It is appropriate that this book starts off with soups, because there is no other category where the cook gets such a payoff for the time invested. Chop up some vegetables, toss in some meat, and let the pot simmer into a wonderful conglomeration that can be served immediately with salad and bread for a quick meal, or stored for the future. My freezer is packed with containers of homemade soups. When I think I don't have a thing
To eat, it's great to discover that chicken soup in the freezer. It's best to make big batches to be sure that there are those leftovers to squirrel away. (The few soups in this chapter that don't freeze well have smaller yields.)
The soups in this book are purposely "fork-and-knife soups." They are rib-sticking, chunky, hearty affairs that you will most likely eat with a fork and knife as well as a spoon. They are not delicate soups for light first courses at elegant supper parties but soups with backbone to fill you up.
The Carefree Cook's Tips for Soups
Use a large heavy-bottomed pot Don't try to crowd soup ingredients into a small pot. The ideal utensil is an 8-quart pot with a heavy bottom to discourage scorching. Pots with stainless-steel or enameled interiors are best, because they don't pick up flavors as easily as unlined pots.
Don't rush the cooking For my meat soups, I usually include tough, bone-in cuts that add lots of flavor to the broth. But they need time to simmer and become tender. Use a moderately low flame so the soup cooks at a steady simmer. A hard boil is bad not only because it leads to burning, but also because it suspends the fat in the broth, resulting in a stable emulsion,and a greasy-tasting soup. (Even if the soup chills and you remove the hardened fat, it will still taste greasy.) Stir the soup occasionally to be sure nothing is sticking.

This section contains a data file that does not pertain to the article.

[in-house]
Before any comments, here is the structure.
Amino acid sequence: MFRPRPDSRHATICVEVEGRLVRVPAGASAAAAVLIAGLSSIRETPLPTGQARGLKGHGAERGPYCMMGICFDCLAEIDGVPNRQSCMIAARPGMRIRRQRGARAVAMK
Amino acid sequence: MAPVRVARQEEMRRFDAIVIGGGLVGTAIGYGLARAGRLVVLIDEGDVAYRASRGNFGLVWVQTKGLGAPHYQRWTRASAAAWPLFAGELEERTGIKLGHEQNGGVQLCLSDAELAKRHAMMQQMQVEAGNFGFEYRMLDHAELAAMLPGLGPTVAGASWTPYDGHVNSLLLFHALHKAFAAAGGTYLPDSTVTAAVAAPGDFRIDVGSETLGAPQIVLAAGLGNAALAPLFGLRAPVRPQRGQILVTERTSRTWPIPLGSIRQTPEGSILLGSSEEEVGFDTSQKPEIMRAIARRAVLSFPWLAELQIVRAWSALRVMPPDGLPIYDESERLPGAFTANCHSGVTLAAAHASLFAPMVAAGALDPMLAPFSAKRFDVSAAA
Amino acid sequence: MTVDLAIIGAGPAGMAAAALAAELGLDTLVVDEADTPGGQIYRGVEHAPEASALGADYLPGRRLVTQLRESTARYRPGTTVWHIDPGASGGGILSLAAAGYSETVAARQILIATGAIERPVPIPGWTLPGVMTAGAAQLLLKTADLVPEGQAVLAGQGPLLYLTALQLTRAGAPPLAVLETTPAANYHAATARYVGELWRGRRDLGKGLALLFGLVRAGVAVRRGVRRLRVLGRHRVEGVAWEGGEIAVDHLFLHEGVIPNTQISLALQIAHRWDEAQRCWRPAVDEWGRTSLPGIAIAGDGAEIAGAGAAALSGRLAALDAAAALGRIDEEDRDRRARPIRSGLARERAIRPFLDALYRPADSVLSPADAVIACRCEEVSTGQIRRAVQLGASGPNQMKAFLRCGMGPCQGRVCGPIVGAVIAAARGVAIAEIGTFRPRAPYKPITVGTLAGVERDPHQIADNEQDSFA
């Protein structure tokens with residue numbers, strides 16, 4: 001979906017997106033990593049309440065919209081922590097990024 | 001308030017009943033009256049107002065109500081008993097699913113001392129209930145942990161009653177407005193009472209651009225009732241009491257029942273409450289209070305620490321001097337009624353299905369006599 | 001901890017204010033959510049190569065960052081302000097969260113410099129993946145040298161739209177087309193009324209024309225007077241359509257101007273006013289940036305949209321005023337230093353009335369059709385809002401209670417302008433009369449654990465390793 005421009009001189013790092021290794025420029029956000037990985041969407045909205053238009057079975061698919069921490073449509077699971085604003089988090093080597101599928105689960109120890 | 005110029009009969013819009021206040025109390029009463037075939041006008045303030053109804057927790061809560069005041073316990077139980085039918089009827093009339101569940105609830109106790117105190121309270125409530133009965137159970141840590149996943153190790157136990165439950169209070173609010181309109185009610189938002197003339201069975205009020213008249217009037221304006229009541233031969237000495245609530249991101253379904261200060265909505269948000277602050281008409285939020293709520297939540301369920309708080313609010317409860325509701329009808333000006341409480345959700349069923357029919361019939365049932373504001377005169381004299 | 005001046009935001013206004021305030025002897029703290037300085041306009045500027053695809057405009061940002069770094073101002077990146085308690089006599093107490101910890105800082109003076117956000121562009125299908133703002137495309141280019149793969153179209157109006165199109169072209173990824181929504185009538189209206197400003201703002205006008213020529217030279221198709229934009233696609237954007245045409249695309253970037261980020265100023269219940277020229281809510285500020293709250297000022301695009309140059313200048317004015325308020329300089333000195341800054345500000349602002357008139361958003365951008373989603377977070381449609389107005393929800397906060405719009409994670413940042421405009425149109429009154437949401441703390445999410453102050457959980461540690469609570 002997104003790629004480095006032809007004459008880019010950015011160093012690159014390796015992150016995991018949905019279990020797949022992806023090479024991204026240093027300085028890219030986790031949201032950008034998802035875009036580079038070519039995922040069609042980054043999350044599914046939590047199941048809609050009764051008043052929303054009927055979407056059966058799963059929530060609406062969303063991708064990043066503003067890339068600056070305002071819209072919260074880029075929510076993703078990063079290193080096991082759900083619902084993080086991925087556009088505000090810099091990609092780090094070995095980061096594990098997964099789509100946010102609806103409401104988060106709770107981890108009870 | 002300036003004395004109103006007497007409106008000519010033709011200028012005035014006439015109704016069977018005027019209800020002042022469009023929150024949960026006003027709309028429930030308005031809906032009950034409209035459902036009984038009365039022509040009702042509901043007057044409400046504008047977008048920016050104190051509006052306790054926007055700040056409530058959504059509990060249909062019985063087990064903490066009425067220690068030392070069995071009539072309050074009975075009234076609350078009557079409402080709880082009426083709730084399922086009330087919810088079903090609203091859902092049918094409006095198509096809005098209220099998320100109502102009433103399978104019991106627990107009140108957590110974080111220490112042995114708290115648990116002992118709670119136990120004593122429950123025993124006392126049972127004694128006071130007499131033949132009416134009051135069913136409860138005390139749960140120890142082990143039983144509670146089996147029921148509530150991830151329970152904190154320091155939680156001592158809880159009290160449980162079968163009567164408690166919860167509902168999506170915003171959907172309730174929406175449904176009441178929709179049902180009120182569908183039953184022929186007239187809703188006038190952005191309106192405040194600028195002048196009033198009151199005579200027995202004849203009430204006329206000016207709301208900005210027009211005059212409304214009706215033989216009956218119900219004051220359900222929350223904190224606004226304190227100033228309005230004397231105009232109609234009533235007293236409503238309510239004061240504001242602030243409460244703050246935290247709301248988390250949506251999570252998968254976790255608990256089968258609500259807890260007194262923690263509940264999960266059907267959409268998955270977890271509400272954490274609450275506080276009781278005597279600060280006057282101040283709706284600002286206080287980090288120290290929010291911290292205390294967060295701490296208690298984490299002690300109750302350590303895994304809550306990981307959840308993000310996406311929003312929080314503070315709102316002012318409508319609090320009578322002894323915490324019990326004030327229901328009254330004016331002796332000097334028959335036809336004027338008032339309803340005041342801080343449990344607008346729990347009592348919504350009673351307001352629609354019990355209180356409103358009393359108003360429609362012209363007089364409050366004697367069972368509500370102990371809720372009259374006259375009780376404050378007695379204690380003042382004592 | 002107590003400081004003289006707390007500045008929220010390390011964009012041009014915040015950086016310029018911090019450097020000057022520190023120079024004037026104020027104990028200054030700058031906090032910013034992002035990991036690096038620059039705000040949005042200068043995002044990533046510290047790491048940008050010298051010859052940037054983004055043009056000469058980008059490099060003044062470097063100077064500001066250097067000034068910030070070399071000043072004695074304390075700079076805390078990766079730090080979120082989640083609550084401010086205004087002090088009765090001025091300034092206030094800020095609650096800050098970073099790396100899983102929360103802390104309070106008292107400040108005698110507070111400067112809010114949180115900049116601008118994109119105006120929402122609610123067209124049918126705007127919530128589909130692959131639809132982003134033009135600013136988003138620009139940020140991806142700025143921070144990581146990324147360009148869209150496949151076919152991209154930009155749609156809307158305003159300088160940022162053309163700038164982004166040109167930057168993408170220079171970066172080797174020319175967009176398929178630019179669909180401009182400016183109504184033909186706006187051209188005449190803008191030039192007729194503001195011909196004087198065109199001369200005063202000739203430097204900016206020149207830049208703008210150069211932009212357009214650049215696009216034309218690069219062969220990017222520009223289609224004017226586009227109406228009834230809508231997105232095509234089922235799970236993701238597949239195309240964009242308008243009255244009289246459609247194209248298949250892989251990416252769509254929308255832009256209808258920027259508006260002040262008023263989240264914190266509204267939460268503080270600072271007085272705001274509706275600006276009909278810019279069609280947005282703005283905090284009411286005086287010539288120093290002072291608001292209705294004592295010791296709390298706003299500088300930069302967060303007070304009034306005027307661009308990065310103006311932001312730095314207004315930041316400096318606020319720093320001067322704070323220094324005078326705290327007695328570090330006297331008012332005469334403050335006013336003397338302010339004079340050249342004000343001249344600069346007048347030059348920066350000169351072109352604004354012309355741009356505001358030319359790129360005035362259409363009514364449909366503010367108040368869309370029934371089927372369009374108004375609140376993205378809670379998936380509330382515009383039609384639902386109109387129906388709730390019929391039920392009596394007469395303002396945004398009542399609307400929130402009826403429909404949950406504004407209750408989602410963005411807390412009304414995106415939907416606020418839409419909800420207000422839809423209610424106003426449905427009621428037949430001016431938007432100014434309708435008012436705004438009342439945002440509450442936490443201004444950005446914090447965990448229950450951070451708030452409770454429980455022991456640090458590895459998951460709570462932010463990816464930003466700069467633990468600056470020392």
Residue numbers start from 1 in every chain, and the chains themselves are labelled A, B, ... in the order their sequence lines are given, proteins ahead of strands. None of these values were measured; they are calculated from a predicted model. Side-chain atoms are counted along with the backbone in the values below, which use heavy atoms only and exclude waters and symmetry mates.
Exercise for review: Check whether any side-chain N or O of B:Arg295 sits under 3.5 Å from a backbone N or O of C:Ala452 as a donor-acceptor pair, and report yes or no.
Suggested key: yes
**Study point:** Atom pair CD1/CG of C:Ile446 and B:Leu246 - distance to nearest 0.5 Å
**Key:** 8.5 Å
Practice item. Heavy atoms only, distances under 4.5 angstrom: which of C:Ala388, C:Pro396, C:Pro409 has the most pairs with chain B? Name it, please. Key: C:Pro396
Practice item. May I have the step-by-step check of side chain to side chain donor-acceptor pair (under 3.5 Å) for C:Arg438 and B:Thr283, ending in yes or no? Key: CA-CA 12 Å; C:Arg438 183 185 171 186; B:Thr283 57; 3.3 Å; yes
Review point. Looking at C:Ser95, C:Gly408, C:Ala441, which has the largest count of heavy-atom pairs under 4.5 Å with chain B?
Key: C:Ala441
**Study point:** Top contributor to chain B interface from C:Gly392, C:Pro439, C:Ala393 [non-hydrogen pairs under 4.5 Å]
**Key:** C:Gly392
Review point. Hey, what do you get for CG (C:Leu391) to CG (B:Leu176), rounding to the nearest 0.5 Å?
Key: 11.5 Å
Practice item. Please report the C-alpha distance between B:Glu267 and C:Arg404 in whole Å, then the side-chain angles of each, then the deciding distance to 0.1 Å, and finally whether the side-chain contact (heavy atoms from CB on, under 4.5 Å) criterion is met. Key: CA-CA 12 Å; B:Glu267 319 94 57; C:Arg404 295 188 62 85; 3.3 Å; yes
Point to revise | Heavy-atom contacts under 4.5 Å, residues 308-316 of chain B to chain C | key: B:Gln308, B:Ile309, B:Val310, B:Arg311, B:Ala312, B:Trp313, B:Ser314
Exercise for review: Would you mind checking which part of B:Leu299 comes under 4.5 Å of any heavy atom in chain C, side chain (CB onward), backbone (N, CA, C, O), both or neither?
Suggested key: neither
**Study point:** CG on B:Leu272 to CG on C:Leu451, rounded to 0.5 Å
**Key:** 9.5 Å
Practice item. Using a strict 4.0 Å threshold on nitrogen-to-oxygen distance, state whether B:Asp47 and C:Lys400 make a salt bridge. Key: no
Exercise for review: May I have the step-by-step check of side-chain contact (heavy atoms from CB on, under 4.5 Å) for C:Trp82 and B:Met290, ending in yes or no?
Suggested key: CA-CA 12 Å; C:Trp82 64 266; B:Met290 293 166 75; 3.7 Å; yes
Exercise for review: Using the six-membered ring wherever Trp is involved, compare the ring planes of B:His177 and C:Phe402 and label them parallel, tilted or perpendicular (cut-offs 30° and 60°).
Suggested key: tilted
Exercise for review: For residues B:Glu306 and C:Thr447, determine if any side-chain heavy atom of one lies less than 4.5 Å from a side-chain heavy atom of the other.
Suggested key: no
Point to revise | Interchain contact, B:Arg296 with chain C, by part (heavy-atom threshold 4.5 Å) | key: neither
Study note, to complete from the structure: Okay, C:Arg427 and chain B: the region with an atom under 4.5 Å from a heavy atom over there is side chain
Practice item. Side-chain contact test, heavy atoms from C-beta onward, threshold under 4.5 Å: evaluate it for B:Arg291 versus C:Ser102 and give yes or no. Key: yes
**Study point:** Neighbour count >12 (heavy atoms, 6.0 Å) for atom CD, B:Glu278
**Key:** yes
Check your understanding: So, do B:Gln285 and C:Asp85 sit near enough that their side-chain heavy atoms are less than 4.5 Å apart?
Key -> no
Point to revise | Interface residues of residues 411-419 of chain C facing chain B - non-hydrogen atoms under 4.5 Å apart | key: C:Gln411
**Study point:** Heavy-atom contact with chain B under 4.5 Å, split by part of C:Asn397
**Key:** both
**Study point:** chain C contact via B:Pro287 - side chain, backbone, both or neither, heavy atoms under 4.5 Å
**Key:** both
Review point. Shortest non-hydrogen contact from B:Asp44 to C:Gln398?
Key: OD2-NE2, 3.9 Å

Be careful when blending pureed soups Soups can be pureed in a food processor or a blender, or directly in the pot with an immersion blender. Each machine has its own caveats. With a food processor, the pureed soup has a tendency to leak out of the center shaft area. To avoid this, puree in batches to avoid overflow. Transfer the soup solids to the work bowl with a slotted spoon and process, adding just enough of the liquid to keep the soup level from rising above the top of the center tube.
With a blender, the velocity of the blade can create a strong jet of steam that forces the scalding-hot soup up, pushing off the lid. Vent the lid by leaving it slightly ajar, and start the machine on low speed, or pulse, to puree the soup. Better yet, replace the lid with a kitchen towel, as the steam will pass easily through the fabric's weave.
Immersion blenders are great, but they take some getting used to. They are not as fast as food processors or blenders, but most cooks who have one prefer them to the other machines. Just keep the "business end" of the blender immersed in the soup and watch out for splashing.
Stock up on covered containers Unless you are serving a crowd, you will have leftover soup with most of these recipes. Be sure to have a supply of good containers for storage. Because there are lots of leftovers in my life (testing recipes will do that), I purchase cases of 1-pint and 1-quart plastic containers with lids at a local restaurant supply or wholesale club. Although they are designed to be disposable, they can go through the dishwasher to use again a few times. You can buy smaller quantities of containers from your delicatessen or supermarket at a very reasonable price. The 1-pint size is perfect for single servings, and the 1-quart works well for about three bowls. These containers make efficient use of small freezer spaces.
read a recipe: Chinese Beef, Bok Choy, and Noodle Soup Under 30 minutes